Basalt fiber reinforced composite bridge wins two awards

Basalt fiber reinforced composite bridge wins two awards

The team that designed basalt fiber reinforced concrete bridge on the University of Miami campus was awarded in two nominations.

The team of the University of Miami (Florida, US) headed by Antonio Nanni, professor and chair of the Department of Civil, Architectural and Environmental Engineering received the Engineering Excellence Award and Grand Conceptor Award from the Florida Engineering Society (FES) and American Council of Engineering Companies of Florida (ACEC-FL).

The projects submitted to the competition were evaluated by a professional jury representing government, media, transportation, education, environmental / water resources, public works, geotechnical and electrical design. Jurors rated the projects on the basis of the following:

  • uniqueness and innovative applications;
  • uture value to the engineering profession;
  • perception by the public;
  • social, economic and sustainable design considerations;
  • complexity;
  • successful fulfillment of client/owners’ needs, including schedule and budget.

The University team was recognized for designing and construction of the first concrete bridge on the University of Miami campus entirely reinforced with composite materials instead of steel. The main reinforcing elements were made of RockRebar® basalt polymer rebar and plastic reinforced with other fiber types.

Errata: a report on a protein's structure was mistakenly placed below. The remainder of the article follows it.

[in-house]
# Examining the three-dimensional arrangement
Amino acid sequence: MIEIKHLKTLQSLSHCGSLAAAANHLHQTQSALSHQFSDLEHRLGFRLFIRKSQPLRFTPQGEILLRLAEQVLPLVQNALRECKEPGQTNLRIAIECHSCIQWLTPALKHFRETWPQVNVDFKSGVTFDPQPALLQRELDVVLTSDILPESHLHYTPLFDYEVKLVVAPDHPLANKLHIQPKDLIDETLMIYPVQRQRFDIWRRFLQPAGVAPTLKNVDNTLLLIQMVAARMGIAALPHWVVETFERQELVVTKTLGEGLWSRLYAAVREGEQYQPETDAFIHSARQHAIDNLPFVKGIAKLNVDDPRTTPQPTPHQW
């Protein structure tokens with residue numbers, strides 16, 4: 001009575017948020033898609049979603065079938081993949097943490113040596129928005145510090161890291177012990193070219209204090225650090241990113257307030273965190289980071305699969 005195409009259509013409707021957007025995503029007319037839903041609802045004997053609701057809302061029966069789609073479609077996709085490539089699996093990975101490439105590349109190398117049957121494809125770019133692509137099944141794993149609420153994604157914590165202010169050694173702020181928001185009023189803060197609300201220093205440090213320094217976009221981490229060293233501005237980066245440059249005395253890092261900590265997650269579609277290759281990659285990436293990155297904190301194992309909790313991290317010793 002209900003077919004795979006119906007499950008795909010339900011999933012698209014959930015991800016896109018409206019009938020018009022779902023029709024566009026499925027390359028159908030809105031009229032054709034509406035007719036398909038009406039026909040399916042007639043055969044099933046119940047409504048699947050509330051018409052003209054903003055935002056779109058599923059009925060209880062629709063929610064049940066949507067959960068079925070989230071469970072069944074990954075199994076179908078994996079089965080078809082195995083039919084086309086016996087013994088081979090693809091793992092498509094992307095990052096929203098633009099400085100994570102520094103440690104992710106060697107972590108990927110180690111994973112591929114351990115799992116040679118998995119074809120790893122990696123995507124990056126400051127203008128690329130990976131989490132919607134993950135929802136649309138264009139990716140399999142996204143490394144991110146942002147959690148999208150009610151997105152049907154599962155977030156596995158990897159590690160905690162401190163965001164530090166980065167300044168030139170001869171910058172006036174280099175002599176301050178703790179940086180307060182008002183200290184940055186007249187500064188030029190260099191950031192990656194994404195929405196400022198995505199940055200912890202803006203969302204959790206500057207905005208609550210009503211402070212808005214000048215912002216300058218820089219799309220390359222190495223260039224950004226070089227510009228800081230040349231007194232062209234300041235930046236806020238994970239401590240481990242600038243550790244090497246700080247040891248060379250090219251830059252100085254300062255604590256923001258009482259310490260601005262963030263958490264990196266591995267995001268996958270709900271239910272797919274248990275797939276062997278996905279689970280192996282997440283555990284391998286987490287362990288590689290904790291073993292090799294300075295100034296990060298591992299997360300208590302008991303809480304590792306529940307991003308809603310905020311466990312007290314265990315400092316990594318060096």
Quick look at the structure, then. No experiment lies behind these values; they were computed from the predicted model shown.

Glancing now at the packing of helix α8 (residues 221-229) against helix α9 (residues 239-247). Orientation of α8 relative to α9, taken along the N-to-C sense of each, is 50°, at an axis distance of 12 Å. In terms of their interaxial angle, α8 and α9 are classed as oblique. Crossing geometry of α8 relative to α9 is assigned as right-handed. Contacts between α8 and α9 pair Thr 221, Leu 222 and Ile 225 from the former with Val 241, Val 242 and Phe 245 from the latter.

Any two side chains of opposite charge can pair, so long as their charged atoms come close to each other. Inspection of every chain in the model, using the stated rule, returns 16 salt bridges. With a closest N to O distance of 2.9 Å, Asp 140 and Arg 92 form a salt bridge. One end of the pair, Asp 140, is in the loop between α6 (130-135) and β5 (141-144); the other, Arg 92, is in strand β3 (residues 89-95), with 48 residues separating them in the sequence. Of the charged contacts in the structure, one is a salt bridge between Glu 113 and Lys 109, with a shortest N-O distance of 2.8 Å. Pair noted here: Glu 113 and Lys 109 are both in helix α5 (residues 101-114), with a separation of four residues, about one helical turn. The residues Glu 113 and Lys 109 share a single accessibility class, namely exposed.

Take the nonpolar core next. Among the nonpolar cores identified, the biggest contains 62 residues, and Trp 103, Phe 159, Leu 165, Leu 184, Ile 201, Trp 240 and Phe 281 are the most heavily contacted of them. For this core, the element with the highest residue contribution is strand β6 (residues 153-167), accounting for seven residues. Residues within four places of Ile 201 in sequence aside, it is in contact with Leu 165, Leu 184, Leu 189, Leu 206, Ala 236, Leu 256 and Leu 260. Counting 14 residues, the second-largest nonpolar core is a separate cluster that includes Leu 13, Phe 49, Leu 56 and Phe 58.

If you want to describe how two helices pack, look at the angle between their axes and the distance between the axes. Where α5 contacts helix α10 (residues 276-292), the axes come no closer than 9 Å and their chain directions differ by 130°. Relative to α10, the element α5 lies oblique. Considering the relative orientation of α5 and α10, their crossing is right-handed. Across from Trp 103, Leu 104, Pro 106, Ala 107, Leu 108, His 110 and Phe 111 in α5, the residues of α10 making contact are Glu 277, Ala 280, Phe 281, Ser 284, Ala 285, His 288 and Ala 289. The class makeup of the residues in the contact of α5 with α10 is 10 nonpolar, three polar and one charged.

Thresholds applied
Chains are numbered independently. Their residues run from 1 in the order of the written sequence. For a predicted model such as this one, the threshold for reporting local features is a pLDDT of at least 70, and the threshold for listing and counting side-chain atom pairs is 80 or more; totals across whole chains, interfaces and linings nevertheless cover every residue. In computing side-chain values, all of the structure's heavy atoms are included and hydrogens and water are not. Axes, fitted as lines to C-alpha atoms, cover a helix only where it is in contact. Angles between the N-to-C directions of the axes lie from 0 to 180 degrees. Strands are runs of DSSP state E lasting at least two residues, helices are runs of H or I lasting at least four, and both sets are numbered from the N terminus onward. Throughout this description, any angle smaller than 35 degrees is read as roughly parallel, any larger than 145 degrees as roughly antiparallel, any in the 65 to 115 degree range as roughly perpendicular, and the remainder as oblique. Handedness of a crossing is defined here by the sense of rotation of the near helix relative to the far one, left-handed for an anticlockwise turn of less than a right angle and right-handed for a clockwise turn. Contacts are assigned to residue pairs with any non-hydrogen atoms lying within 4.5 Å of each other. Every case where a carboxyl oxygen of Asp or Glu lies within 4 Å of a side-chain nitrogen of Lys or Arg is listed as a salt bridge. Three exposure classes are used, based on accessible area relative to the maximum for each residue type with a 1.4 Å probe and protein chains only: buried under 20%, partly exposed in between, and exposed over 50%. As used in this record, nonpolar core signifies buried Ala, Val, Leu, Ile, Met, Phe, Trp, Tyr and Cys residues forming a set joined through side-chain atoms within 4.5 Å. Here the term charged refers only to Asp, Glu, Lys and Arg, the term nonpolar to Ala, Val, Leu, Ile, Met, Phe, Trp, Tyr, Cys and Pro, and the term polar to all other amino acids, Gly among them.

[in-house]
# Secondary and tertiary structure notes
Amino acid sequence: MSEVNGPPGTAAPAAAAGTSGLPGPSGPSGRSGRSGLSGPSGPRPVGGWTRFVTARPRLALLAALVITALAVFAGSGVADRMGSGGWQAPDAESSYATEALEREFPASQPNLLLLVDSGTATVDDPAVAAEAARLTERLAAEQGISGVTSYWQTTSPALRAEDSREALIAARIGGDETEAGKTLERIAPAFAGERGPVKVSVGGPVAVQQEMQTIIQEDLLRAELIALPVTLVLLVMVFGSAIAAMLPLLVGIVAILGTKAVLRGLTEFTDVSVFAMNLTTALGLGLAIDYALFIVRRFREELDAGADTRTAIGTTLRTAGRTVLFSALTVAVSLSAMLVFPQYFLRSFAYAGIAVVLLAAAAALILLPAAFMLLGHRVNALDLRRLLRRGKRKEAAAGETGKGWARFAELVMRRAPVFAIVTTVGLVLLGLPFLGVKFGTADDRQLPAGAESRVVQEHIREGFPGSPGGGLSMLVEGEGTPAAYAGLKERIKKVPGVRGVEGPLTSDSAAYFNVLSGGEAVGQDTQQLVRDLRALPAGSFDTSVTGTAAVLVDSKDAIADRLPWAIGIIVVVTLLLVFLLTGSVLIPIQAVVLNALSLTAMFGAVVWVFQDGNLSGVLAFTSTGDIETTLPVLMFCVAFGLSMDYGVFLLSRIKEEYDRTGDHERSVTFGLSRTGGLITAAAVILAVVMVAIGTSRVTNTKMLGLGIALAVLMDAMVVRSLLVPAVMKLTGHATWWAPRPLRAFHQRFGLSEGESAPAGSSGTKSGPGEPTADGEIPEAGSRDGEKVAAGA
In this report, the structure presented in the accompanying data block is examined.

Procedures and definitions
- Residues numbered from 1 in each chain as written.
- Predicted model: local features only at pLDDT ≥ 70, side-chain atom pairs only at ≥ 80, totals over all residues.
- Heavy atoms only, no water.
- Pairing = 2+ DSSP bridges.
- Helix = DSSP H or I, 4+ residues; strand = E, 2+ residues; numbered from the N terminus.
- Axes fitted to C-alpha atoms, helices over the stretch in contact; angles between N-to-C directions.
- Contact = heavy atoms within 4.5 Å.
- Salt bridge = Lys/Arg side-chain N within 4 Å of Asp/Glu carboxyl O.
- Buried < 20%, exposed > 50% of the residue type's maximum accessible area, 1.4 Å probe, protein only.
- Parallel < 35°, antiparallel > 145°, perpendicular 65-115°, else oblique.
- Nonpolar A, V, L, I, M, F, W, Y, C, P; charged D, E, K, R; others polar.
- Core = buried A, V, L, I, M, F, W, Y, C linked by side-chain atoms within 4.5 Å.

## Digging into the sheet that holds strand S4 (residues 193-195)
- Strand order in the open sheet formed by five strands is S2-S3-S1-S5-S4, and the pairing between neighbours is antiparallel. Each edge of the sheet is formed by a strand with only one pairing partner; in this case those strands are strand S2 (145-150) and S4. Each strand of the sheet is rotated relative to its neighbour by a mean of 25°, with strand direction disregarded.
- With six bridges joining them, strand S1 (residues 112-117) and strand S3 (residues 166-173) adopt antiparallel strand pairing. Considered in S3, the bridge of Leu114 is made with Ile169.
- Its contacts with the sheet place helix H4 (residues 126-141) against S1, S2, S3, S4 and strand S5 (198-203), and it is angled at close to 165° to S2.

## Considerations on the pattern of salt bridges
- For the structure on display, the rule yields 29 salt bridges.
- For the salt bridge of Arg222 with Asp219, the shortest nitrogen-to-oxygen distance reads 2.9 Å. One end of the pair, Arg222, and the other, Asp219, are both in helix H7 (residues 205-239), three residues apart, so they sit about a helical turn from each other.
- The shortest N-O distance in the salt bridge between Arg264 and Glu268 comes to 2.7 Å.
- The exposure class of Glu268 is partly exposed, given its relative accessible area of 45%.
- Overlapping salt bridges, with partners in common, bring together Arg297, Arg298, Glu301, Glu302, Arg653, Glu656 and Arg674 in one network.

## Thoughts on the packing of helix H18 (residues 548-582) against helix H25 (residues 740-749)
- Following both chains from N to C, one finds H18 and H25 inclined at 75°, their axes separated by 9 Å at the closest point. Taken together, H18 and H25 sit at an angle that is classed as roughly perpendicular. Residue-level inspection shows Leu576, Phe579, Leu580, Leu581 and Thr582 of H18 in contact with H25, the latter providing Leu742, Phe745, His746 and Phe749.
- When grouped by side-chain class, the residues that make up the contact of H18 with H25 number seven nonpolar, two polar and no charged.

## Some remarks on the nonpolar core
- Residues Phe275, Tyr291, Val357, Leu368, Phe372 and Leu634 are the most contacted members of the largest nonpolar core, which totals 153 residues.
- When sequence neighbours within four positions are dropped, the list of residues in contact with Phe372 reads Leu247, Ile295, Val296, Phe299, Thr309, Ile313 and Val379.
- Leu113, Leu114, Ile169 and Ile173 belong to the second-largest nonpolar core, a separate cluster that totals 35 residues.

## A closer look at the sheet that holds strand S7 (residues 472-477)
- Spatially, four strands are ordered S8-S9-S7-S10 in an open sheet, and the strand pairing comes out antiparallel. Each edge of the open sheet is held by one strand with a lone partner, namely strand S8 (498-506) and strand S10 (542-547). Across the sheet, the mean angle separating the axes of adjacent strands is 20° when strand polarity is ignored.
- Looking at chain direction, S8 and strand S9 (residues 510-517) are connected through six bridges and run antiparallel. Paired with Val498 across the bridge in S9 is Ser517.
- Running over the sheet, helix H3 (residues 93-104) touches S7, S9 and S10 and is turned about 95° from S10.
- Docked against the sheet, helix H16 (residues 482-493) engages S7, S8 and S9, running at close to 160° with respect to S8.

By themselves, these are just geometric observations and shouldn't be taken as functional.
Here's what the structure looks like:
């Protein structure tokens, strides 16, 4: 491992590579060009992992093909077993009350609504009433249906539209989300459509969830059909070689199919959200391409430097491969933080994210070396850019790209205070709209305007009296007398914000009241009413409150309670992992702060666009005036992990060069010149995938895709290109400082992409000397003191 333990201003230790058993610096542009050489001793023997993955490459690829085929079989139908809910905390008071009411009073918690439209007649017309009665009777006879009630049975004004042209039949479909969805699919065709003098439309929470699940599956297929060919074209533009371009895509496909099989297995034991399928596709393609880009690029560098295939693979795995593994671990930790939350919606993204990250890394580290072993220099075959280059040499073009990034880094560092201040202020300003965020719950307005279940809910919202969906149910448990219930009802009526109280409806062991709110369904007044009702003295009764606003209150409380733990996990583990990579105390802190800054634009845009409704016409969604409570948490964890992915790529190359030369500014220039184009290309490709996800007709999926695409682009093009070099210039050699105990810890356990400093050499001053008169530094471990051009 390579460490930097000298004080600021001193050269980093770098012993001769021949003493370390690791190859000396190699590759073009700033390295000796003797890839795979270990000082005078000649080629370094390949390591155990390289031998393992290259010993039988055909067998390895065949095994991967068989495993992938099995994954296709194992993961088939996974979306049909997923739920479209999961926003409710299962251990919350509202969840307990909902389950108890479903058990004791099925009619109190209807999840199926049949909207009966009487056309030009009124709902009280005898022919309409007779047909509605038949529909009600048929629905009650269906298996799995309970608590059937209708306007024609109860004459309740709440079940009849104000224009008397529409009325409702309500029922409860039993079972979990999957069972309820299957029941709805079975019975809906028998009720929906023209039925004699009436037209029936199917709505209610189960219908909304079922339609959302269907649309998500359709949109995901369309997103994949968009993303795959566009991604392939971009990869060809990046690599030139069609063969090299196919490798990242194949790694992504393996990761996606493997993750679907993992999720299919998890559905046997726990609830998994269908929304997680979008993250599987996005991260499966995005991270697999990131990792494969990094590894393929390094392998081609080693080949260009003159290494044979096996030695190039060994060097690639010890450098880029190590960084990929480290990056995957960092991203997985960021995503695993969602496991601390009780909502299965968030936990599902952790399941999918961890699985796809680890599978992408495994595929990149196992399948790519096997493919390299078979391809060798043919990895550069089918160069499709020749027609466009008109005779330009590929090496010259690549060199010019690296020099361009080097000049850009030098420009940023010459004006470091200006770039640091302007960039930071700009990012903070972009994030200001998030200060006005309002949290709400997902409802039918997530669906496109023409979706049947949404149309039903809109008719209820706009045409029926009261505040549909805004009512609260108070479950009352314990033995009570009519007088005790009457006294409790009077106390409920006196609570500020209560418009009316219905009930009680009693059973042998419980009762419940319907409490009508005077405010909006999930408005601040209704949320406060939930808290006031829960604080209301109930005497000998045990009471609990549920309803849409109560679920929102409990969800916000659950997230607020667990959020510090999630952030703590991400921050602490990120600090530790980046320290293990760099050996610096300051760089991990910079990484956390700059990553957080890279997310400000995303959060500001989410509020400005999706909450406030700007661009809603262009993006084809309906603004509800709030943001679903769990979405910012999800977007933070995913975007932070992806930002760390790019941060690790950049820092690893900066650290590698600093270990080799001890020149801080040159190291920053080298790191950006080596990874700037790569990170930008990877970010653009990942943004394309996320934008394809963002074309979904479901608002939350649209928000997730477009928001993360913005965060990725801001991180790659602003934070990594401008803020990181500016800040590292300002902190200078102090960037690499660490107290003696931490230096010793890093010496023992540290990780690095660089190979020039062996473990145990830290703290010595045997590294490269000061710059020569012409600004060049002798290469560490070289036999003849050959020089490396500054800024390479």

The bridge is almost 70 ft long (21.4 meters) and joins Coral Gables campus with athletic fields. The University began construction in November 2015 and completed in May 2016. It resulted in strong, lightweight, cost-effective and, which is particularly important, non-corrosive structure that does not require expensive maintenance.

Currently, the basalt fiber composite bridge serves as a “living lab” for engineering students and faculty members, who monitor the bridge and use it as a teaching tool for others. Its estimated life service is 75 years so it is enough for more than one generation.

In the Netherlands, they went further by building a completely recyclable bridge from a basalt composite based on bio-resin and wooden elements.


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